Huawei founder and CEO Ren Zhengfei presents the “Father of Polar Code” with an award.

It’s back to technology for Huawei as they presented Professor Erdal Arikan with an award recognising his achievements as “Father of Polar Code”.

Out with the random American claims and Trump’s trade war and tariffs; closing in on Apple, in the realm of smartphones is already history (that was last week’s news). Today, Huawei have presented Professor Arikan with an award recognizing his amazing contribution to the technology behind correct data transfers for 5G.

Since we are talking serious technology here, “polar” will have nothing to do with funny penguins or cuddly (while still potentially deadly) bears. We are entering a realm of data and coding which, while not open to all, can (and will) impact us all as users of technology.


What are we talking about?


Let’s look back to 1948. The father of information theory, Claude Shannon, determined a limit for the speed at which we can transmit data, error-free. The faster you send data, the more errors you might have. For anybody out there, try to picture yourself doing any task a lot faster than you should…. You usually miss a step or lose something along the way.

In 2008, Professor Arikan invented polar codes, which were an entirely new approach to correcting transmission errors.

Polar coding was believed to be the first coding scheme to approach channel capacity as defined by Claude Shannon with a theoretically proven guarantee and resolved the challenge that had plagued the field of information theory for nearly 60 years.

Starting in 2010, Huawei began working with Dr. Arikan to take polar codes from theory to practical application. Now polar codes are a 5G standard (decided by 3GPP).

And polar codes bring us right up to the edge of Shannon’s limit.


Why does it matter?


In a word, 5G.

Basic research is key to industry development. Theoretical breakthroughs, often made after decades of focused scientific effort, help set the direction of technological progress. LDPC codes (which are used to correct errors during information transfer) were first introduced by US professor Robert Gallager in 1963. Decades later in 2008, a Turkish professor at Bilkent University, Erdan Arikan, proposed an improvement to LDPCs known as polar codes.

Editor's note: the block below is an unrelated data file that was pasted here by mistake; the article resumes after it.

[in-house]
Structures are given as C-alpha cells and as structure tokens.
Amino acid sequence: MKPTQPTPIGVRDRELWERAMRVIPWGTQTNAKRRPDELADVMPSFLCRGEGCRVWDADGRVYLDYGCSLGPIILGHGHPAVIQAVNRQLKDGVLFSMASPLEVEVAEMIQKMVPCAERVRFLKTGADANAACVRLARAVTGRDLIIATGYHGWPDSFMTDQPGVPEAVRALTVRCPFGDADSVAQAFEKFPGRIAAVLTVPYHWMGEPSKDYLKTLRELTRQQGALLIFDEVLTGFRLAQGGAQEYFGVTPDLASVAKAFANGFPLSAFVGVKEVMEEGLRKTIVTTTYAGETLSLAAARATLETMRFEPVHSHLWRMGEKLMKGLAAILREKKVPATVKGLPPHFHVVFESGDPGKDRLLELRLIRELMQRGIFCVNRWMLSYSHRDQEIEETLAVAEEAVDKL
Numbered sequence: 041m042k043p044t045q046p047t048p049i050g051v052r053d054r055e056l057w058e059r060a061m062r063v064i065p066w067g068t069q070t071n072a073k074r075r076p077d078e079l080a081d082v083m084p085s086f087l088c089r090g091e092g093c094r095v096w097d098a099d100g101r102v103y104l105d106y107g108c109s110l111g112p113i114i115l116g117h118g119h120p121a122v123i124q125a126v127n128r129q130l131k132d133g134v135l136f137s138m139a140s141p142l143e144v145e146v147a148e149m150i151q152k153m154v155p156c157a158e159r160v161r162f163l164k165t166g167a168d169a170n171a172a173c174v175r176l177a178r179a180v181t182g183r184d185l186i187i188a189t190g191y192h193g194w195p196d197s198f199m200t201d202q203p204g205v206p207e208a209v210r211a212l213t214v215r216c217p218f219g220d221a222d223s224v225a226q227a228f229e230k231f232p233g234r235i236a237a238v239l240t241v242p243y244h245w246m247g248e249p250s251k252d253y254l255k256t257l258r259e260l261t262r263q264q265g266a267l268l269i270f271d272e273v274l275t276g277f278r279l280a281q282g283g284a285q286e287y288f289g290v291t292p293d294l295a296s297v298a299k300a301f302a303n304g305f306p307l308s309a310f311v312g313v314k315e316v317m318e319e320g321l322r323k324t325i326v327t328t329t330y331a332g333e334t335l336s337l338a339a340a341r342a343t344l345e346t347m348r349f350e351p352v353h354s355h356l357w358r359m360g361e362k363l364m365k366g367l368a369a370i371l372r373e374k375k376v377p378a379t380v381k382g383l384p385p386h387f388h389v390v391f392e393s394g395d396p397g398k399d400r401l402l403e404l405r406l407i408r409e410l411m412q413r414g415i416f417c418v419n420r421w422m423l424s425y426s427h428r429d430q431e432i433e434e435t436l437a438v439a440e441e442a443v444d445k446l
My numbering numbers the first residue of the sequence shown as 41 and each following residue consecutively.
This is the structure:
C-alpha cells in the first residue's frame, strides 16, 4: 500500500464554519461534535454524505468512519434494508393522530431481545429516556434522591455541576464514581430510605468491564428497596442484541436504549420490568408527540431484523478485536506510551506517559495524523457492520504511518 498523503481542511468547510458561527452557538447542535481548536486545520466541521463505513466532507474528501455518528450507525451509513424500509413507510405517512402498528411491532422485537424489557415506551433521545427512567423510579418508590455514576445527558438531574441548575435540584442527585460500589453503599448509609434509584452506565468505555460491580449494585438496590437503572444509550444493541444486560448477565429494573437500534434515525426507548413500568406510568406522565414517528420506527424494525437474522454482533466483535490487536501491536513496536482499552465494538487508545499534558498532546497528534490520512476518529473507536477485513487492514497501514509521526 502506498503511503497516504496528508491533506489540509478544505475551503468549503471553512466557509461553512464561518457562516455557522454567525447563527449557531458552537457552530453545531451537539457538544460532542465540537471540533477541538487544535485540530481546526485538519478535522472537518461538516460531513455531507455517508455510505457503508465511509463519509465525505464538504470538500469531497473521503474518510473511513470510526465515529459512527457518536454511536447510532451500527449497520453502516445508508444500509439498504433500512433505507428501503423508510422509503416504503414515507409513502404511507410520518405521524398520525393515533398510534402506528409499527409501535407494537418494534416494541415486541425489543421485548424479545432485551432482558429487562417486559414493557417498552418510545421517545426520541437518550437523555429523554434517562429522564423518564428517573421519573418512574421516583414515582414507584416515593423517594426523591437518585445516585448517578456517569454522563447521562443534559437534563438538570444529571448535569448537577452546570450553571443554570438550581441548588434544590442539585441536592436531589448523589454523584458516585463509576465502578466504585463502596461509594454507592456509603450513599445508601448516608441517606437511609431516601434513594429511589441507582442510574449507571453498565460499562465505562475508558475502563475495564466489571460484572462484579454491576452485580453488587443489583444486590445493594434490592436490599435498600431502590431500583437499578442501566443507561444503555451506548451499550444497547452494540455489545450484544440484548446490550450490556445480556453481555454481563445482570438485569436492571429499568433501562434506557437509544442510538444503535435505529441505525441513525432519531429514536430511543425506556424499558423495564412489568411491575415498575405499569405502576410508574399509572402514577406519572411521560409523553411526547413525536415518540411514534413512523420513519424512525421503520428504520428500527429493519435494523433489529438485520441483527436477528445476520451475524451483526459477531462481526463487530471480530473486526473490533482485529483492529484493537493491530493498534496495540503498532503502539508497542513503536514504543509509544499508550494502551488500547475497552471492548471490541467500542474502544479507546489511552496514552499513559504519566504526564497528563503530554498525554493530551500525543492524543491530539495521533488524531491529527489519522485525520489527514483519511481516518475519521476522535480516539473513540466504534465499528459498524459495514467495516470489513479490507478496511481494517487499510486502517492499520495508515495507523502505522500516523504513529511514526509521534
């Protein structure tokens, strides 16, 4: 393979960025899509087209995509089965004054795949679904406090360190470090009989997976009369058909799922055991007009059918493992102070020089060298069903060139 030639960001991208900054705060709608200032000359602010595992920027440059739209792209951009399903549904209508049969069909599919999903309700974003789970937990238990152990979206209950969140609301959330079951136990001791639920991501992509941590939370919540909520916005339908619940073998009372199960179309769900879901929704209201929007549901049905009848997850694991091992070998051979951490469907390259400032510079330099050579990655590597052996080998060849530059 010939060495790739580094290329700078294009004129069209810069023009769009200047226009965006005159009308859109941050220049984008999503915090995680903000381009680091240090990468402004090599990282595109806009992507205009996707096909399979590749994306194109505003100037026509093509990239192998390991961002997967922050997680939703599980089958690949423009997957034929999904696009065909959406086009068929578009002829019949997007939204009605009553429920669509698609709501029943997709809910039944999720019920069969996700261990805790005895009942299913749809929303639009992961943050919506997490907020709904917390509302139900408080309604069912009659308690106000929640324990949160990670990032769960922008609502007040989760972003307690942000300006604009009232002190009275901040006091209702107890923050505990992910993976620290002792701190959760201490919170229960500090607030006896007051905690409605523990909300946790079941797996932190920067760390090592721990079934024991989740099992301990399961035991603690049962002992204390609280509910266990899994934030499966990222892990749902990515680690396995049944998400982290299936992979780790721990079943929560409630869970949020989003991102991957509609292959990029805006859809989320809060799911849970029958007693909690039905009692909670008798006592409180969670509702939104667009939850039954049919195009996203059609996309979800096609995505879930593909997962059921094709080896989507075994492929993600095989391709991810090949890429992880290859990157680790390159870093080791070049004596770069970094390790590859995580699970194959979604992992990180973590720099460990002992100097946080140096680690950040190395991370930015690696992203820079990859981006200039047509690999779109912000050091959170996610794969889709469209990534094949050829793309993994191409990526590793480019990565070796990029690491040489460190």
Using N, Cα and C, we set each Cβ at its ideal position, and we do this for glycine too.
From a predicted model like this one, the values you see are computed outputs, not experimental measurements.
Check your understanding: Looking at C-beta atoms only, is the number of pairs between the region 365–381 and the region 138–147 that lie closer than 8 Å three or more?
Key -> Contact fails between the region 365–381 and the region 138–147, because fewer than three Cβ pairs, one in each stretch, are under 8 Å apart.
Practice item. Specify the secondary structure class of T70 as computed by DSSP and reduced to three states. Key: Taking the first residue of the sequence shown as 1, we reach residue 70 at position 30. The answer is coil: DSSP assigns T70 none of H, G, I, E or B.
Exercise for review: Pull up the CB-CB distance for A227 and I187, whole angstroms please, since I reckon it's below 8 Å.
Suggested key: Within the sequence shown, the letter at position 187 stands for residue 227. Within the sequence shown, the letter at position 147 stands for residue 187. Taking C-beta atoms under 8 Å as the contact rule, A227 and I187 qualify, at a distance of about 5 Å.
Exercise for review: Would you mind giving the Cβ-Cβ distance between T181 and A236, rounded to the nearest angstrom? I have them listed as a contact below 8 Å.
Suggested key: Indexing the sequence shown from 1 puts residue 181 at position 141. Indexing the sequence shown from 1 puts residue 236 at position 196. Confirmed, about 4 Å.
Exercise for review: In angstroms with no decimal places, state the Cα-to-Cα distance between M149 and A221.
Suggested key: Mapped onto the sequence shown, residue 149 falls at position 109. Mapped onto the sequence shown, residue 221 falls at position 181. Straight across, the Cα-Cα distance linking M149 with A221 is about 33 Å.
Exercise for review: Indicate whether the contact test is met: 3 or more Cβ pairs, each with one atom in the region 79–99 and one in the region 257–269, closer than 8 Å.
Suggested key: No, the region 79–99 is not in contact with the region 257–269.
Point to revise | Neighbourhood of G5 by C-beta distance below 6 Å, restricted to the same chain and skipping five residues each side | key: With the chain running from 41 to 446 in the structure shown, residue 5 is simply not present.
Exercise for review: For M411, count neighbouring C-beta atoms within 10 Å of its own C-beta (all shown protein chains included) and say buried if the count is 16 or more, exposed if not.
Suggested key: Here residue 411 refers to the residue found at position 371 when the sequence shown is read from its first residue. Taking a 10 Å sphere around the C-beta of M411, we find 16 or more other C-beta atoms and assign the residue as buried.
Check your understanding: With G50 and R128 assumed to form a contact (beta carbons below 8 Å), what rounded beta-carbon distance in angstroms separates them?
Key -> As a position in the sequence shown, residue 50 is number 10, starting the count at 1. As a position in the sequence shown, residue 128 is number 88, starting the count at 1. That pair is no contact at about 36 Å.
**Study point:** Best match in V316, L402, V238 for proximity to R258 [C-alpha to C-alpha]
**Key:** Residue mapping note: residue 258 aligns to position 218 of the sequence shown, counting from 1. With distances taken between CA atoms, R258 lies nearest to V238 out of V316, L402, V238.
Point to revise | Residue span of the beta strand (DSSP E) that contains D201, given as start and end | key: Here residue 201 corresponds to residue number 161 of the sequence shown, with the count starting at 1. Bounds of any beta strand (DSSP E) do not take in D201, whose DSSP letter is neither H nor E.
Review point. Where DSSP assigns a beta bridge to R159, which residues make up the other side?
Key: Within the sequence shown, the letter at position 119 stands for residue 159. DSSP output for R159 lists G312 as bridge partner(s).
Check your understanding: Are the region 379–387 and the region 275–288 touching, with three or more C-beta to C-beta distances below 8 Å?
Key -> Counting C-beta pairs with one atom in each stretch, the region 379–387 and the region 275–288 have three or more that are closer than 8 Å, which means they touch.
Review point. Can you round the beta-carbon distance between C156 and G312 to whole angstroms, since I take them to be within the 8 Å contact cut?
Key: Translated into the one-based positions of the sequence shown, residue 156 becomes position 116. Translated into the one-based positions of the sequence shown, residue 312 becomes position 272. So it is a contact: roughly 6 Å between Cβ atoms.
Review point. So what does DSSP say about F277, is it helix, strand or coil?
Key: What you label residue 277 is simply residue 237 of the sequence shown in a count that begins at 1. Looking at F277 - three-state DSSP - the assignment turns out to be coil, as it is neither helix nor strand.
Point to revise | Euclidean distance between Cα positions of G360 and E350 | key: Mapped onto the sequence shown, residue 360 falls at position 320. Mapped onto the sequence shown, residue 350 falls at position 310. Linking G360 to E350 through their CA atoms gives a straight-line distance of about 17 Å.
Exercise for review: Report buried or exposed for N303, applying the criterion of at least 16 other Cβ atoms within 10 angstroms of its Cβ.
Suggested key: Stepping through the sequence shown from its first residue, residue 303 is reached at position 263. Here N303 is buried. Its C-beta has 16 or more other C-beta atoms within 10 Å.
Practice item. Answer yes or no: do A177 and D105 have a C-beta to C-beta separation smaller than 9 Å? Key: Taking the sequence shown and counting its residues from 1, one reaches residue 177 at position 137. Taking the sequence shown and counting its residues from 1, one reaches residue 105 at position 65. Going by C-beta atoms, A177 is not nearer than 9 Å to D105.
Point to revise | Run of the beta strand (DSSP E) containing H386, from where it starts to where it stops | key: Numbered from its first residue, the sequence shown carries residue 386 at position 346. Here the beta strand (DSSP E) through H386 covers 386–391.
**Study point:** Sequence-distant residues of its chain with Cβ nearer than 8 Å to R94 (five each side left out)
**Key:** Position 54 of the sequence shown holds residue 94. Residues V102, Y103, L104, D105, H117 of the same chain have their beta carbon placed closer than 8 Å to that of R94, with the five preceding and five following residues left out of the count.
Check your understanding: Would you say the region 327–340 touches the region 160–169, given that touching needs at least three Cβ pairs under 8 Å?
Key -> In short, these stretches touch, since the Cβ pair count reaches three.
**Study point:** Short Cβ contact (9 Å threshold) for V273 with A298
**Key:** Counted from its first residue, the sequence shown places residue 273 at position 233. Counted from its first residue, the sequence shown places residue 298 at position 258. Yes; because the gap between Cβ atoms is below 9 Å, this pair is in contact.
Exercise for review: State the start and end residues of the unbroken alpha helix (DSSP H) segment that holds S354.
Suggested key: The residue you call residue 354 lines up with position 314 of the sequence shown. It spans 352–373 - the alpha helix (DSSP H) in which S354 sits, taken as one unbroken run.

5G will support 100 billion connected cellular devices, a number much larger than what a 2G, 3G, or 4G network can support. With a larger market, holders of 5G standard-essential patents are able to get reasonable returns from their R&D investment.


What is Huawei’s contribution?


Huawei is presenting an award to Professor Arikan in “recognition of his work as an outstanding scientist, and in tribute to his practical spirit and dedication”.

Turkish professor Dr. Erdal Arikan, from Bilkent University, visited Huawei’s global headquarters in Shenzhen yesterday and met with Huawei founder Ren Zhengfei.

Quite importantly, in the current environment, Huawei reiterated, on this occasion, that they follow the “FRAND” principle for 5G standard-essential patents.

Huawei is a major 5G standards contributor and patent holder which gives them a leading position on the worldwide stage. They have, however, committed to following the FRAND principle – Fair, Reasonable, and Non-discriminatory – “as they have always done in the past”.

The future of 5G will be with Huawei or not be. From an external observer point of view, one can but notice that the discourse has not changed. For the past few years, through the growth stages and through adversity, Huawei tends to stick to the principles of Mr Ren and work towards bettering the world through collaboration.

And recognizing others’ contribution. Here is to you, Professor Arikan!



As a KOL (Key Opinion Leader) for Huawei, I can be invited to take part in various corporate events both produced by Huawei, as well as any other corporation. While Huawei, partners or other corporations may cover my travel expenses to these events, I’m not a paid spokesperson for Huawei or any other company; as such, nothing I say or write about is in any way required, nor forced by Huawei. My opinions whether related to products or companies, both positive and negative, are mine; and mine alone.

Also published on Medium.